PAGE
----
Activist Jesse Fruhwirth with a GoPro camera
I’d never seen this before, but a news outlet mounted a GoPro camera on an activist.

Marchers walk and carry candles in memory of accused cop-killer Matthew Stewart
The march began.

After a couple of blocks, things got interesting. I knew that they planned to go past Dee Smith’s home on their protest march,

Supporters of the Ogden Police Department stood by, waiting for marchers who were walking the neighborhood in memory of Matthew Stewart
but I didn’t know there would be a crowd there showing their support for Smith and police department.

Supporters of the Ogden Police Department stood on as marchers passed in memory of Matthew Stewart
There was an intense vibe on that street as the two sides met. There was no way for a photograph to capture it.

Supporters of the Ogden Police Department stood on as marchers passed in memory of Matthew Stewart
There were few, if any, words spoken between the two groups. An officer kept the march moving along.

The marchers had a couple blocks more to walk, but this was the shot. I needed to send it in. I sat down on the grass across the street and started editing on my laptop. One guy, one of the marchers, had decided to stop and stick his camera in the faces of the police supporters, firing off shots with a flash. It went on for some time. Here he is:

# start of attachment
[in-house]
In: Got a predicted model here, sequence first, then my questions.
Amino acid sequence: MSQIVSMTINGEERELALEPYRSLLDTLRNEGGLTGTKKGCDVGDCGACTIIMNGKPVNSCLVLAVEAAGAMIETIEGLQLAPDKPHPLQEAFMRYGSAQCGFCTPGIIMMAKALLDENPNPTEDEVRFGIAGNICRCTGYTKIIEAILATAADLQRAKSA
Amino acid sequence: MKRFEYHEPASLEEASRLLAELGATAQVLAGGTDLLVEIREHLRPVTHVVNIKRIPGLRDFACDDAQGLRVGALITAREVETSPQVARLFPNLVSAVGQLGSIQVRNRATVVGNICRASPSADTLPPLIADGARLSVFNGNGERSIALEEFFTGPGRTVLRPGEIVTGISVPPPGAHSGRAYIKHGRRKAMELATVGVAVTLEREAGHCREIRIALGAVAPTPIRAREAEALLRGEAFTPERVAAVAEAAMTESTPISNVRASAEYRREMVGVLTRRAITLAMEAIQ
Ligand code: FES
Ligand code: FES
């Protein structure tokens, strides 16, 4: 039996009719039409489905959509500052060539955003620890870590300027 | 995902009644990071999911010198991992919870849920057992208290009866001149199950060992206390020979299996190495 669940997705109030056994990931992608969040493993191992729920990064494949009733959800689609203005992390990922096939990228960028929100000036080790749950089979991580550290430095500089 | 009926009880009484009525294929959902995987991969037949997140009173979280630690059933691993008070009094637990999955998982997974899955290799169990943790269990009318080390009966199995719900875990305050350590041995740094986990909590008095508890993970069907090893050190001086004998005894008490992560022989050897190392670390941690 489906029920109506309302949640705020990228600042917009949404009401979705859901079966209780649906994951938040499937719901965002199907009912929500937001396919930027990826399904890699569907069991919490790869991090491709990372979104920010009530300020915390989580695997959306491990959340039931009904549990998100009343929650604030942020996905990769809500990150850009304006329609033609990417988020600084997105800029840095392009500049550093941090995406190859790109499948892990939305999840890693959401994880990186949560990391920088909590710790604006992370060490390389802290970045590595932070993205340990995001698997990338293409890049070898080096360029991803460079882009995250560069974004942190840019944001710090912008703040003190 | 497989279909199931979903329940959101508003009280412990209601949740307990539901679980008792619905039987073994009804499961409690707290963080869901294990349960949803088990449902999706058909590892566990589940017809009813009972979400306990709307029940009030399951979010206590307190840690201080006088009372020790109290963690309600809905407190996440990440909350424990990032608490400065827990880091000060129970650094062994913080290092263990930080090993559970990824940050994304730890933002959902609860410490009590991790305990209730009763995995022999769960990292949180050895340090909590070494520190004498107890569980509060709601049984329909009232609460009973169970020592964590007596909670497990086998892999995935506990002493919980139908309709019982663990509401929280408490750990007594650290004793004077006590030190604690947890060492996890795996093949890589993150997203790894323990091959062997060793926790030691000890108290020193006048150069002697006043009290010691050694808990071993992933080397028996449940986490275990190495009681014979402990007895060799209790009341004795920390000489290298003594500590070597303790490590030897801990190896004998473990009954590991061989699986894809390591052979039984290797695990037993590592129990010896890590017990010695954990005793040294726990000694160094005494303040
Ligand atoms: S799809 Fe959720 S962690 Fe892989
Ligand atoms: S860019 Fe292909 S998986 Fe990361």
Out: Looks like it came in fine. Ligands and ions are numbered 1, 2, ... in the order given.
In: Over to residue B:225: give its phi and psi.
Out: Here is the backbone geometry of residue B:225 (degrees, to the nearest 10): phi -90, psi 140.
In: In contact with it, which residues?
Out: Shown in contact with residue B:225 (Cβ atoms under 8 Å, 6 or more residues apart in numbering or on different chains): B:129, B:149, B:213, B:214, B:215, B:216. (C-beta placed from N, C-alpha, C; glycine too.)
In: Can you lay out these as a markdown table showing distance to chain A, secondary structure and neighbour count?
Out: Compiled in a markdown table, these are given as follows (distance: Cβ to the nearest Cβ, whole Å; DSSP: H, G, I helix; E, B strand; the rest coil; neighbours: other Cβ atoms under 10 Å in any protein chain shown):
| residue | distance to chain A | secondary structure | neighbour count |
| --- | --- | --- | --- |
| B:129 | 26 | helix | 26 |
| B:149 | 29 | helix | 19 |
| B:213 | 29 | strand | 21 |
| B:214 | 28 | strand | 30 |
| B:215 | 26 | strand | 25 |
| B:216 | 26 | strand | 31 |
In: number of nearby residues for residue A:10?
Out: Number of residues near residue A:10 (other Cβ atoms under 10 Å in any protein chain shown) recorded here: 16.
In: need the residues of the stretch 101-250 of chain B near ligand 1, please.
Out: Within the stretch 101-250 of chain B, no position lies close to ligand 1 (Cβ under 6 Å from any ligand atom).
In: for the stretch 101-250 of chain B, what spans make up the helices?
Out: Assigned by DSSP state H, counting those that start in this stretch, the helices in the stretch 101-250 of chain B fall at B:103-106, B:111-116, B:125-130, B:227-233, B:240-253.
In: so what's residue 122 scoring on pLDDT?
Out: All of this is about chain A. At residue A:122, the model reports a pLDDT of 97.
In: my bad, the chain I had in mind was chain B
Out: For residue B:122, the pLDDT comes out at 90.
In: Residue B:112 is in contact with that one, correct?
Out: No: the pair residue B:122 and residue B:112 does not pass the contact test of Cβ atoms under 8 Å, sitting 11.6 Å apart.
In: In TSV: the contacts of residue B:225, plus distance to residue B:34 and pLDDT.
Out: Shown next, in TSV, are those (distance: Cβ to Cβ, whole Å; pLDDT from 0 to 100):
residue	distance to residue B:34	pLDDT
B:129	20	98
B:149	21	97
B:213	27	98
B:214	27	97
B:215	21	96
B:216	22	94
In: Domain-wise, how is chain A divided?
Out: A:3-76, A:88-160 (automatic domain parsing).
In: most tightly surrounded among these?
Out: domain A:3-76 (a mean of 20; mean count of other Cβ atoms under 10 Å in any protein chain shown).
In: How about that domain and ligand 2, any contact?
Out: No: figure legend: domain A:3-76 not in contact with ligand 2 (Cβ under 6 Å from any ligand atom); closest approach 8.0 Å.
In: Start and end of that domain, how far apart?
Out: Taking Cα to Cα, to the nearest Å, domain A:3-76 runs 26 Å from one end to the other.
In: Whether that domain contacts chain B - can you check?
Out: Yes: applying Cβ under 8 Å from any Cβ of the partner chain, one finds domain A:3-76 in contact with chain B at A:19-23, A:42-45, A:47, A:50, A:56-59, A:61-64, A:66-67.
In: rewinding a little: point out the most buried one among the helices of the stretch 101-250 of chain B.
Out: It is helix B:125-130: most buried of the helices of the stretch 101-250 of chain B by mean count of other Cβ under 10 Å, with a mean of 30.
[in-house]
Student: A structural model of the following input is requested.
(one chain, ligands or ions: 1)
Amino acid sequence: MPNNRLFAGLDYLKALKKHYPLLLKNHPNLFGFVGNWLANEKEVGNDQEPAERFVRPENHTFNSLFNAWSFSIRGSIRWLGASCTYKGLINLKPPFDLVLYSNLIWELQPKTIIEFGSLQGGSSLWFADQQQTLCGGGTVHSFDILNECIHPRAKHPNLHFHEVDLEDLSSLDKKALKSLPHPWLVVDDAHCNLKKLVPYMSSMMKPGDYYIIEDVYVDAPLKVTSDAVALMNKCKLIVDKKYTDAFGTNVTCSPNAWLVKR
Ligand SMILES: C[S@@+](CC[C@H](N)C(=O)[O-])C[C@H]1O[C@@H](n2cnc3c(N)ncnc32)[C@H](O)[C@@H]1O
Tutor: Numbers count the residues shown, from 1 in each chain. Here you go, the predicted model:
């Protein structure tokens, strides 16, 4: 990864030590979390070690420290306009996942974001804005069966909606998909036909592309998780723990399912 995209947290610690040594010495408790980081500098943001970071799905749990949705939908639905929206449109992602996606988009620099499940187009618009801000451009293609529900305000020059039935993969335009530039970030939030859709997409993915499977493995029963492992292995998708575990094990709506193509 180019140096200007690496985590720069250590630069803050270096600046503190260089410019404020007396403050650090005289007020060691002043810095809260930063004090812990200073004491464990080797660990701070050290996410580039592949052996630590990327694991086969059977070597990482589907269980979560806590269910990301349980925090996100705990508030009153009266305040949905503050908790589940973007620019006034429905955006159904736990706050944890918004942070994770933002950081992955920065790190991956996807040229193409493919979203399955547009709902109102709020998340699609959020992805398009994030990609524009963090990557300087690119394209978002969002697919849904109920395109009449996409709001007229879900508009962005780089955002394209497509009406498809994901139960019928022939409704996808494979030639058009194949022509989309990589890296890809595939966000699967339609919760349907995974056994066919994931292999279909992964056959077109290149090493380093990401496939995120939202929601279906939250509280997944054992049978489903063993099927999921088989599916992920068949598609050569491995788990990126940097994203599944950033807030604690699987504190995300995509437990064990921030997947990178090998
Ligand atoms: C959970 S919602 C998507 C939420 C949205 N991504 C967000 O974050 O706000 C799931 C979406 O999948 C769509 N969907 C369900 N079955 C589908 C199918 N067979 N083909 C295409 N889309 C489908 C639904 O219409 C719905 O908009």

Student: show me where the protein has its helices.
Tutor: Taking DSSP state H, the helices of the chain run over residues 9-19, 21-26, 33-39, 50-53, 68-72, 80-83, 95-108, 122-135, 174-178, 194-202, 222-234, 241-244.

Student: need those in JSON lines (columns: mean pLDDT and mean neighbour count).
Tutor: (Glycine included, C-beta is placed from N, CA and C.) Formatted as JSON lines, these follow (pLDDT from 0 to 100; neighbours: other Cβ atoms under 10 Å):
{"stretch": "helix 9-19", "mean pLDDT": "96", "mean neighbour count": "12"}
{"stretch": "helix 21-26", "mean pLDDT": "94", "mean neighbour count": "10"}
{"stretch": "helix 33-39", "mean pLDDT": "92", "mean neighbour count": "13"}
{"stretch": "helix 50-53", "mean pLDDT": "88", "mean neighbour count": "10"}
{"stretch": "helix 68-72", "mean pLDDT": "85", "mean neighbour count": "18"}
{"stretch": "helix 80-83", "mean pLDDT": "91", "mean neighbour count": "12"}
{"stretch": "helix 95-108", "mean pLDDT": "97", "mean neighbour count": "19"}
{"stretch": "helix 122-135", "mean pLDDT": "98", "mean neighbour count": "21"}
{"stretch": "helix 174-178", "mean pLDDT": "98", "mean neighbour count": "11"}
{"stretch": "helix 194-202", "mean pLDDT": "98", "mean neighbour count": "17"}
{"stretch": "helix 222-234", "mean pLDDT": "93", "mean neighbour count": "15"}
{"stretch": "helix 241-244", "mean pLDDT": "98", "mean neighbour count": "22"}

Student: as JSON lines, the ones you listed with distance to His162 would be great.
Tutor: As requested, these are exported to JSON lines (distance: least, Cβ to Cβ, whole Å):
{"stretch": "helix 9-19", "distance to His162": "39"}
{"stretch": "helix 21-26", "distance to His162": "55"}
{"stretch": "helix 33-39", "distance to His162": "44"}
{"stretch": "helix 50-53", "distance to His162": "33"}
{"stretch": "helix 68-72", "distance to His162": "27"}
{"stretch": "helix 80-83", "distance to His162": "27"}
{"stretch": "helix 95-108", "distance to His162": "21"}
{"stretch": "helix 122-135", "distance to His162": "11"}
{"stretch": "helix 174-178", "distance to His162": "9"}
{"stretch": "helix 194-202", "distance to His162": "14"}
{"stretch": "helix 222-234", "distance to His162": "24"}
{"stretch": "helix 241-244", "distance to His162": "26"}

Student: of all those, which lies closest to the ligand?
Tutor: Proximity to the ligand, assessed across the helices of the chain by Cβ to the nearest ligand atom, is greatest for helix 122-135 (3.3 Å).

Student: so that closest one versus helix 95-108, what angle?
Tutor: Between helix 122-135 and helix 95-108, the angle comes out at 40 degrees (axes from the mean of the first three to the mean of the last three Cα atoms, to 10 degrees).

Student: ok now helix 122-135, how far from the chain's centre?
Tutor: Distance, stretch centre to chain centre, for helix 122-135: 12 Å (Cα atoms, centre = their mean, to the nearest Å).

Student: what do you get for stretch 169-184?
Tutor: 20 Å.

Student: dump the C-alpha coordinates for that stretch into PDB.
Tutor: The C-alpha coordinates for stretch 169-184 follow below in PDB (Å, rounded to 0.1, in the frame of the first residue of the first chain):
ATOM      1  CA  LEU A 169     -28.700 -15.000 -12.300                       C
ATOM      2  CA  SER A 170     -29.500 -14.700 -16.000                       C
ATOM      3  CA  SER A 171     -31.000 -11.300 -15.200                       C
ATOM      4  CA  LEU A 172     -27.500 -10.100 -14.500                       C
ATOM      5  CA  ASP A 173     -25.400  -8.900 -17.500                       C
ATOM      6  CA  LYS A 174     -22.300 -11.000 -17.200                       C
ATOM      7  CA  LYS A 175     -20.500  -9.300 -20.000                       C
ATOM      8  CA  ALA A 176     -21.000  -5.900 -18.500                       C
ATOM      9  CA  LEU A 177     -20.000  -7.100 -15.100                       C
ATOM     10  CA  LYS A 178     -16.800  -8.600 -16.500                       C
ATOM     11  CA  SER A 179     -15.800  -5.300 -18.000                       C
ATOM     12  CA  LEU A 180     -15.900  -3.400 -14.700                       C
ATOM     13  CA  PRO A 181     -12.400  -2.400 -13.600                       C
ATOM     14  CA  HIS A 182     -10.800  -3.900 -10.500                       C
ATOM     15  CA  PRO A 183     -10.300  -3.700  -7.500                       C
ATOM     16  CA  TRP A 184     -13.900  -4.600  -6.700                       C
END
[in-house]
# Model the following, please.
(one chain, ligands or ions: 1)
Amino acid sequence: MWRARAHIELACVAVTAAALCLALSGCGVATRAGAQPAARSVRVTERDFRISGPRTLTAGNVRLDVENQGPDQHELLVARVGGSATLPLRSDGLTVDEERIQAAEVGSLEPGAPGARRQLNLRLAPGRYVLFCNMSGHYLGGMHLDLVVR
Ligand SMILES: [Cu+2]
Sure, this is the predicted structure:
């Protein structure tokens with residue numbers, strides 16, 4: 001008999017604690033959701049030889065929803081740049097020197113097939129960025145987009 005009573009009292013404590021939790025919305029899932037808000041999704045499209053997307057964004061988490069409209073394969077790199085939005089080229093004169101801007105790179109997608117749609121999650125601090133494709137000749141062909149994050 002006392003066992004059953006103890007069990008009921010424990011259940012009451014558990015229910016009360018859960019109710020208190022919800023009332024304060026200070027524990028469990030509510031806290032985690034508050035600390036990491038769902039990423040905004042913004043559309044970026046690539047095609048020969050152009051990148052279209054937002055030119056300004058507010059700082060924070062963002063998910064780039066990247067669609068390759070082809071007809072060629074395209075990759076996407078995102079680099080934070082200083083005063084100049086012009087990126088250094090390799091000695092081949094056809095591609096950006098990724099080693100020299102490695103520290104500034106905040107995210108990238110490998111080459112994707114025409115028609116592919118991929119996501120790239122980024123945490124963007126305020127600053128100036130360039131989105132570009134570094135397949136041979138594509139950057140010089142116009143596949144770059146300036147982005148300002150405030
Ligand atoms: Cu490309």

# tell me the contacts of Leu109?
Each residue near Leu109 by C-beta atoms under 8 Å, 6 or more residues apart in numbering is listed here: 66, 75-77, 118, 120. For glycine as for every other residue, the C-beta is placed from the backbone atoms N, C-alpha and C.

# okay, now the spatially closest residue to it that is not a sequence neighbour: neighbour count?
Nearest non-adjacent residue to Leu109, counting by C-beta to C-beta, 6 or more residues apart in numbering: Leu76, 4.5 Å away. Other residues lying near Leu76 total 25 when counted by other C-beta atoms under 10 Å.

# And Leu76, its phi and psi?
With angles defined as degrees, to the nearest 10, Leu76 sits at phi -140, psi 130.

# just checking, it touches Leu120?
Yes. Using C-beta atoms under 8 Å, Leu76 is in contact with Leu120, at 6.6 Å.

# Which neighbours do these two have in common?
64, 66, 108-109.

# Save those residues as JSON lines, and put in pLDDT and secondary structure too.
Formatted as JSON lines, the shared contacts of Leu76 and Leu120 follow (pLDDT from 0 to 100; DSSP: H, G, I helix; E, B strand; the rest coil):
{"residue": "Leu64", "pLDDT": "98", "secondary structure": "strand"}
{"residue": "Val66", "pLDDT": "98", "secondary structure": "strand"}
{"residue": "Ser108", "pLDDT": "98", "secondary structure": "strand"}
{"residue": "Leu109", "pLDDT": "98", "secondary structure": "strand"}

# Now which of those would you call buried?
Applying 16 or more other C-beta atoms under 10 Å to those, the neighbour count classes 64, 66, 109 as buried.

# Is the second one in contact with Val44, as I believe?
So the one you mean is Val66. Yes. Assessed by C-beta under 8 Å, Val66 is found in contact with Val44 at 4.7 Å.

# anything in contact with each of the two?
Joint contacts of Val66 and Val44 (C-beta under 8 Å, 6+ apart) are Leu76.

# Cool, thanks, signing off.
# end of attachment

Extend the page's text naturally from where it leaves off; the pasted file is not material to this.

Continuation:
Brian Palmer photographs supporters of the Ogden police department after a march in honor of accused cop-killer Michael Stewart

Others took photos of him and at one point he game them this angle:

Brian Palmer shows his backside to supporters of the Ogden police department after a march in honor of accused cop-killer Michael Stewart

I sent in six frames right away, the best ones. That’s when I heard the people across the street saying to the guy, “You’re with the Tribune? Show us your ID card, then!”

Oh, you’ve got to be kidding me. I finished up as quickly as I could, grabbed my gear and crossed the street. By that time a plainclothes police officer had led the guy away. I approached the people and asked about him and who he claimed to be working for. They said he said he was “independent media” after his Tribune claim didn’t fly. I made sure they knew he wasn’t affiliated with the Tribune. Had to clear that up. A woman said to me, “You’re not going to show it like the Standard does, are you?”

“I try to show what happens, that’s all,” I said.

“Well, don’t do it like the Standard.”

“I don’t even read the Standard.”

“You’re not missing anything,” she said.